Dr. Richard Alley is Evan Pugh Professor of Geosciences and Associate of the Earth and Environmental Systems Institute at the Pennsylvania State University, University Park, where he has worked since 1988. He was graduated with the Ph.D. in 1987 from the University of Wisconsin-Madison and with M.Sc. (1983) and B.Sc. (1980) degrees from Ohio State University-Columbus, all in Geology. Dr. Alley teaches, and conducts research on the climatic records, flow behavior, and sedimentary deposits of large ice sheets, to aid in prediction of future changes in climate and sea level. His experience includes three field seasons in Antarctica, eight in Greenland, and three in Alaska. His awards include election to the US National Academy of Sciences, the Tyler Prize for Environmental Achievement, the Revelle Medal of the American Geophysical Union and the Horton Award of their Hydrology Section and Fellowship in the Union, the Seligman Crystal of the International Glaciological Society, the first Agassiz Medal of the European Geosciences Union Cryospheric Section, Fellowship in the American Association for the Advancement of Science, the US Presidential Young Investigator Award, the Public Service Award of the Geological Society of America, the Easterbrook Award of their Quaternary Geology and Geomorphology Division and Fellow in the Society, the American Geological Institute Award for Outstanding Contribution to Public Understanding of the Geosciences, and at Penn State, the Eisenhower Teaching Award, the Evan Pugh Professorship, the Faculty Scholar Medal in Science, and the College of Earth and Mineral Sciences Wilson Teaching Award, Mitchell Innovative Teaching Award and Faculty Mentoring Award.
Dr. Alley has served on a variety of advisory panels and steering committees, including chairing the National Research Council's Panel on Abrupt Climate Change and participating in the UN Intergovernmental Panel on Climate Change (which was co-recipient of the 2007 Nobel Peace Prize), and has provided requested advice to numerous government officials in multiple administrations including a US Vice President, the President's Science Advisor, and committees and individual members of the US Senate and the House of Representatives. He has published over 190 refereed papers, and is a 'highly cited' scientist as indexed by the Institute for Scientific Information (ISI). His popular account of climate change and ice cores, The Two-Mile Time Machine, was chosen science book of the year by Phi Beta Kappa in 2001. Dr. Alley is happily married with two daughters in college, two cats still at home, two bicycles, and a pair of soccer cleats.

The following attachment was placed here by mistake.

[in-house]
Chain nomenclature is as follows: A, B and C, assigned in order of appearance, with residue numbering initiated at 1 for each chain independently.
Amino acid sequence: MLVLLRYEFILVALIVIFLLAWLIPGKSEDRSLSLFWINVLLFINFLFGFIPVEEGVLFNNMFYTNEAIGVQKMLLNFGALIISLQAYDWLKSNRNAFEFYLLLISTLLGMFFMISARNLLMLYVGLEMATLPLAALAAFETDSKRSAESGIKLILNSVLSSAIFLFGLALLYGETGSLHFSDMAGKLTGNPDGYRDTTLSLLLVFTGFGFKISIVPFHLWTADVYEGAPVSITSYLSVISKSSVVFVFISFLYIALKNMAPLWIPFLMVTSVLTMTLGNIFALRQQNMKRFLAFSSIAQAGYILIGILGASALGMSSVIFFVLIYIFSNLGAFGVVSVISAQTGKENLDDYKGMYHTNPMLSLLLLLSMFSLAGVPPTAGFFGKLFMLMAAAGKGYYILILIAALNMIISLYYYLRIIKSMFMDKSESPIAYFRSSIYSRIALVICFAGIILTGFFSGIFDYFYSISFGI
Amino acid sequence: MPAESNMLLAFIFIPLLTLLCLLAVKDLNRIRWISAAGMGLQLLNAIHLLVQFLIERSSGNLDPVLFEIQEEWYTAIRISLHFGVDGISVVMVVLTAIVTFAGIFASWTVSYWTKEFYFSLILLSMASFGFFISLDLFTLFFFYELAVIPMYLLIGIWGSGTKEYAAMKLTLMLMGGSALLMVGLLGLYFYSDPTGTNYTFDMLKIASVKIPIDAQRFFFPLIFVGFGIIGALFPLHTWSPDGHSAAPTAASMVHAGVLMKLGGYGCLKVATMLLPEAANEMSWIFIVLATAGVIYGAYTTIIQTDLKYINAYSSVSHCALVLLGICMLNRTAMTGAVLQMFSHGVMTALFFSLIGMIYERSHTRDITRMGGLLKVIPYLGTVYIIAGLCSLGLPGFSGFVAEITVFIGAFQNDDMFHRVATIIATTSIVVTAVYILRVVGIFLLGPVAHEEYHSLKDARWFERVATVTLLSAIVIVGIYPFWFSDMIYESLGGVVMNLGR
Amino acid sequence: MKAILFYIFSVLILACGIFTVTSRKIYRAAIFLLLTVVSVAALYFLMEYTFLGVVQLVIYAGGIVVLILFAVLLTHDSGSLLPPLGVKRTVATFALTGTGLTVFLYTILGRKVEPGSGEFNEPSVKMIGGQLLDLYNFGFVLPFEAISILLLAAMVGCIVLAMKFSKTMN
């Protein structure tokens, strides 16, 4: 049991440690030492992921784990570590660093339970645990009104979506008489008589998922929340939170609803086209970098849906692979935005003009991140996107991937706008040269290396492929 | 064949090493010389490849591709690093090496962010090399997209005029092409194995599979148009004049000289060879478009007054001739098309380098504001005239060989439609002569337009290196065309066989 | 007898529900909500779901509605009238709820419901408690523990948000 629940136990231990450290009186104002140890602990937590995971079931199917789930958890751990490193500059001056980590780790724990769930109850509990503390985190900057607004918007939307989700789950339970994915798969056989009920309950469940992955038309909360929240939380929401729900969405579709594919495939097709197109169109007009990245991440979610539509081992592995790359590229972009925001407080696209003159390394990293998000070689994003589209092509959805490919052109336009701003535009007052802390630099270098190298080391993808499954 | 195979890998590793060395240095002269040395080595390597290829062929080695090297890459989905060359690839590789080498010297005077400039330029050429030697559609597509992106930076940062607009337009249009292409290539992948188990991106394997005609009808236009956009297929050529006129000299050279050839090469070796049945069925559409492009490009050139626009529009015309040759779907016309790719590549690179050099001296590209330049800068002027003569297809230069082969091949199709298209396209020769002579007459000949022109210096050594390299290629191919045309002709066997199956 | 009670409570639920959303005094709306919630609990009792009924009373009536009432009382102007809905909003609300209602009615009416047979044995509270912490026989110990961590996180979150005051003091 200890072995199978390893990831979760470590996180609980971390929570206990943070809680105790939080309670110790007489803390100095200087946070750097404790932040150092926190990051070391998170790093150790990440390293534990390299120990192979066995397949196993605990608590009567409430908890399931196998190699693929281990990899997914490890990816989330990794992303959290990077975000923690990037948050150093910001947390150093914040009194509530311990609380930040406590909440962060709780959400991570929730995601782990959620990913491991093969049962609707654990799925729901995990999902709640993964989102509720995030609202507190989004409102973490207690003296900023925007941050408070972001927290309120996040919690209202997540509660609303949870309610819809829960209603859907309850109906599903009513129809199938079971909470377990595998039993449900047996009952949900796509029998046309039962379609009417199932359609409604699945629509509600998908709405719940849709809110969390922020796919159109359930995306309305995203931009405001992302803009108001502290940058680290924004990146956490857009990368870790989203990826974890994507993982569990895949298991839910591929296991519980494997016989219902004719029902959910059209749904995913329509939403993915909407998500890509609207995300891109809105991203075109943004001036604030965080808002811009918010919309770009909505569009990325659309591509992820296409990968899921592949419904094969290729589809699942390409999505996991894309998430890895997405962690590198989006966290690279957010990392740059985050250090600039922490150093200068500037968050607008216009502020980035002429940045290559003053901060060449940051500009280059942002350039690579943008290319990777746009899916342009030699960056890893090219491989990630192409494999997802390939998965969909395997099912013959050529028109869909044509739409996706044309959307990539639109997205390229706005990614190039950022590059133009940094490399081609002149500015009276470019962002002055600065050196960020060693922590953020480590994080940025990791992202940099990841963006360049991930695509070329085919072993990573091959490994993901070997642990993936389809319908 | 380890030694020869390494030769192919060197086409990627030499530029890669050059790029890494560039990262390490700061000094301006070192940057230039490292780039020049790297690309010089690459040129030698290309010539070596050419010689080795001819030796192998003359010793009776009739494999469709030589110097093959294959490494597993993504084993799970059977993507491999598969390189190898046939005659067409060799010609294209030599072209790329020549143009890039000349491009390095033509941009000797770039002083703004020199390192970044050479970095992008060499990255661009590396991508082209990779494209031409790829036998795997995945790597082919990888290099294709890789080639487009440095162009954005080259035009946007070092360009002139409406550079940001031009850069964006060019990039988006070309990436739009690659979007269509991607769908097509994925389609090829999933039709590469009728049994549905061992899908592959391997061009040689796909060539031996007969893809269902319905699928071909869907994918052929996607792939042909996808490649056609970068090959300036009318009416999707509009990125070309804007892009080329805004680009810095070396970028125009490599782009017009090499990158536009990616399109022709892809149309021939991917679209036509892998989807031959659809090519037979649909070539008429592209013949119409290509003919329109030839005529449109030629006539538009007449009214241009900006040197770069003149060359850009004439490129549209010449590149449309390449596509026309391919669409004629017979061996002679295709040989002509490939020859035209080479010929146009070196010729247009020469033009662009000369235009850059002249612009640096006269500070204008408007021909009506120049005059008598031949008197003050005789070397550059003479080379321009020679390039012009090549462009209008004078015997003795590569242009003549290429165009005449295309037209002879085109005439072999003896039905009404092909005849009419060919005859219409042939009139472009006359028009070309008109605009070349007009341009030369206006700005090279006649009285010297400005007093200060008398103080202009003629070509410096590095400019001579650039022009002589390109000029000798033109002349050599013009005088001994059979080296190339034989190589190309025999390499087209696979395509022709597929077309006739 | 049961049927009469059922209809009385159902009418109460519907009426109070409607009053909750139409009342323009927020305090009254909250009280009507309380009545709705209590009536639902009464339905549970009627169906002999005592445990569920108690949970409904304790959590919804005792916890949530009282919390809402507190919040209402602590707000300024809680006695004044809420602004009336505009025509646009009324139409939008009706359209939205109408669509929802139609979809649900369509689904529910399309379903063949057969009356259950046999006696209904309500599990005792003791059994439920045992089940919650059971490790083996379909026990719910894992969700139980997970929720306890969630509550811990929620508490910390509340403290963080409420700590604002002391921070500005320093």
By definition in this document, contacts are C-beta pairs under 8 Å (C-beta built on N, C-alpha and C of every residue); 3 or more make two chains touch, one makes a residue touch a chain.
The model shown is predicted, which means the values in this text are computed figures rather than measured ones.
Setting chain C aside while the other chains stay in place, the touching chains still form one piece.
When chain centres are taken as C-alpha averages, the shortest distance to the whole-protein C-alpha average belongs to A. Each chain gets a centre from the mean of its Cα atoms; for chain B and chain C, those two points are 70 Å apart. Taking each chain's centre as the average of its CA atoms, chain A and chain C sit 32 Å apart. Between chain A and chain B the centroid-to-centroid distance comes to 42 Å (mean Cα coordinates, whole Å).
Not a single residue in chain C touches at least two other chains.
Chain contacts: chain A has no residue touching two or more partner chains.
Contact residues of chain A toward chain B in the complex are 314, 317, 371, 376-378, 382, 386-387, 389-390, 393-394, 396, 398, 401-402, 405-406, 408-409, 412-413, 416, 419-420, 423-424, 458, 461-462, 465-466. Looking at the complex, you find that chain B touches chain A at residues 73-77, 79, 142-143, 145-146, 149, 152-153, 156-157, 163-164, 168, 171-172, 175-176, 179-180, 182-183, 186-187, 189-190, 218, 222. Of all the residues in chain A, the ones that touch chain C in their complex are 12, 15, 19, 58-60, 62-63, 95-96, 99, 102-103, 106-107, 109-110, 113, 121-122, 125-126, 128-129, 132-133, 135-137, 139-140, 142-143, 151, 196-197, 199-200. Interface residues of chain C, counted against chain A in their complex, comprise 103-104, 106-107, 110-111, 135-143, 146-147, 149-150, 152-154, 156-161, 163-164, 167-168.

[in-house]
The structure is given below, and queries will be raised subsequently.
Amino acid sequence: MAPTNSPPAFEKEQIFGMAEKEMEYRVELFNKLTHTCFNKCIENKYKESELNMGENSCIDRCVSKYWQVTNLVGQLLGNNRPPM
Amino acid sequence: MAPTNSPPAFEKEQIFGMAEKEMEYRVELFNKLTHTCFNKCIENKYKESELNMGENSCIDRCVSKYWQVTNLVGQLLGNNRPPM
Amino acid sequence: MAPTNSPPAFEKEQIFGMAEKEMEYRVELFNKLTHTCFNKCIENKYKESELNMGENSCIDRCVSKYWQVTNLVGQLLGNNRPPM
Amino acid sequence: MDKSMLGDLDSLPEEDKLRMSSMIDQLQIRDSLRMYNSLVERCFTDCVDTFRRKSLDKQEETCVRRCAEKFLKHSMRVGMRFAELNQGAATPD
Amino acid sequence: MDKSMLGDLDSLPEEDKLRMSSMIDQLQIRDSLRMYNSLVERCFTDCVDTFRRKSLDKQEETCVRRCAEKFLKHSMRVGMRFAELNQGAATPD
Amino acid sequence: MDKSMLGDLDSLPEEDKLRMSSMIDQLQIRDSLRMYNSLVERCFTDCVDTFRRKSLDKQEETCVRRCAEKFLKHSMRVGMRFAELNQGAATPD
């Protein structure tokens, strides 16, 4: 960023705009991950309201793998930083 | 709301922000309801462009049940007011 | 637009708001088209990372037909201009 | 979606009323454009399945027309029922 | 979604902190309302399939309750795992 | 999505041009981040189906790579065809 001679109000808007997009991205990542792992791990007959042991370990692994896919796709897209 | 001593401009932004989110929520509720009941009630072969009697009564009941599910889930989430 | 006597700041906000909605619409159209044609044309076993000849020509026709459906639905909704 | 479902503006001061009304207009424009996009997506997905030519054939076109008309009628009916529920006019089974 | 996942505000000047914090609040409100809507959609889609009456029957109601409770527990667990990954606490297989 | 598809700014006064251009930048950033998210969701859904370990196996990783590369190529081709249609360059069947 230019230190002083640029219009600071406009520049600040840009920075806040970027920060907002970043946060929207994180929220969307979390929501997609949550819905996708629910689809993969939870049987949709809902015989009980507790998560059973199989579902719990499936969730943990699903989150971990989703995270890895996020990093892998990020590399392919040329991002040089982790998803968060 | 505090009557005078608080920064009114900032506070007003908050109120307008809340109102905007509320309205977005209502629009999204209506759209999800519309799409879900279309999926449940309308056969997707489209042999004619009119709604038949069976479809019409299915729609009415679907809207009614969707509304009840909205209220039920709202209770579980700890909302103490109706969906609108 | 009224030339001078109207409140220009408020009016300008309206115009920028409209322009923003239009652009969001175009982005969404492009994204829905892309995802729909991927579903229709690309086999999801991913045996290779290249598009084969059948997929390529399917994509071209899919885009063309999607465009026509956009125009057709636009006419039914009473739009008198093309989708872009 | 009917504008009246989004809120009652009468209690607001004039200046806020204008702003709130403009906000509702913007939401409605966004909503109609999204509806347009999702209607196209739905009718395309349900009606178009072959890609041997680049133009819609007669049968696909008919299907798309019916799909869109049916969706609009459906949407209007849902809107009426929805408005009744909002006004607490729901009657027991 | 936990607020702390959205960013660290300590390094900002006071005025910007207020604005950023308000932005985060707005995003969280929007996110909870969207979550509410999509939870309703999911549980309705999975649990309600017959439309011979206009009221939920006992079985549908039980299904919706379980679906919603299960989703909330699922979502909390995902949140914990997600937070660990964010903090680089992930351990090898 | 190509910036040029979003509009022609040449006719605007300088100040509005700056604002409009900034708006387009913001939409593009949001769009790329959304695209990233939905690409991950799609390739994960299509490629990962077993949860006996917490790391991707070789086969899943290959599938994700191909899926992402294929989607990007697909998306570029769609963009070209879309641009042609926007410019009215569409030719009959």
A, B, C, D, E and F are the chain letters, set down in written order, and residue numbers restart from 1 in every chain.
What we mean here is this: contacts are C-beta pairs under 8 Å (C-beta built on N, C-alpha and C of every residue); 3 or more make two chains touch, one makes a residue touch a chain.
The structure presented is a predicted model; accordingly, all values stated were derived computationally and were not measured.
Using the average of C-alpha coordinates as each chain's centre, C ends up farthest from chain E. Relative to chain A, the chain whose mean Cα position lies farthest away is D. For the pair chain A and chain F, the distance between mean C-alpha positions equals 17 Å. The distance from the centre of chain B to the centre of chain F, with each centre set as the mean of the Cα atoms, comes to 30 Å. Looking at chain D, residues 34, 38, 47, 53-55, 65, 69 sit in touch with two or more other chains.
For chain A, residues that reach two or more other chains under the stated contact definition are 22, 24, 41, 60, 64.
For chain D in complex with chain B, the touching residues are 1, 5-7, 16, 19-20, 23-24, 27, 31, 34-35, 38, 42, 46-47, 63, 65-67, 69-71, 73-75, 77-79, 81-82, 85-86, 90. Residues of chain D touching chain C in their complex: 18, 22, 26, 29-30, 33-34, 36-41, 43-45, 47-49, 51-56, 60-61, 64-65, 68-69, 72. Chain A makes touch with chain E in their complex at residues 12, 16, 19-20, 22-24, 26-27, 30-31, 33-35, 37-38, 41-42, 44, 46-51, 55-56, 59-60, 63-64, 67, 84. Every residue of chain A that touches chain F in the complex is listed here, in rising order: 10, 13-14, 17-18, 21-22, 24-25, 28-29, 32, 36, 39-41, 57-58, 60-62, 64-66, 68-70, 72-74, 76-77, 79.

Abstract about the Lecture:
You, and Einstein, and Lincoln, each use or used about as much energy inside as a 100-watt light bulb, but your share of total energy use in the US is about 100 times that much, with almost all of that "outside" energy from fossil fuels that will run out. We have high scientific confidence that learning to use alternatives while burning will make life easier for our grandchildren, but that burning before learning will make their lives harder. Testing this science against the history of Earth's climate motivates faster learning. Fortunately, we are surrounded by more options than we'll ever need, and we already have our learner's permit.
photo of Dr. Alley coutesy of BBC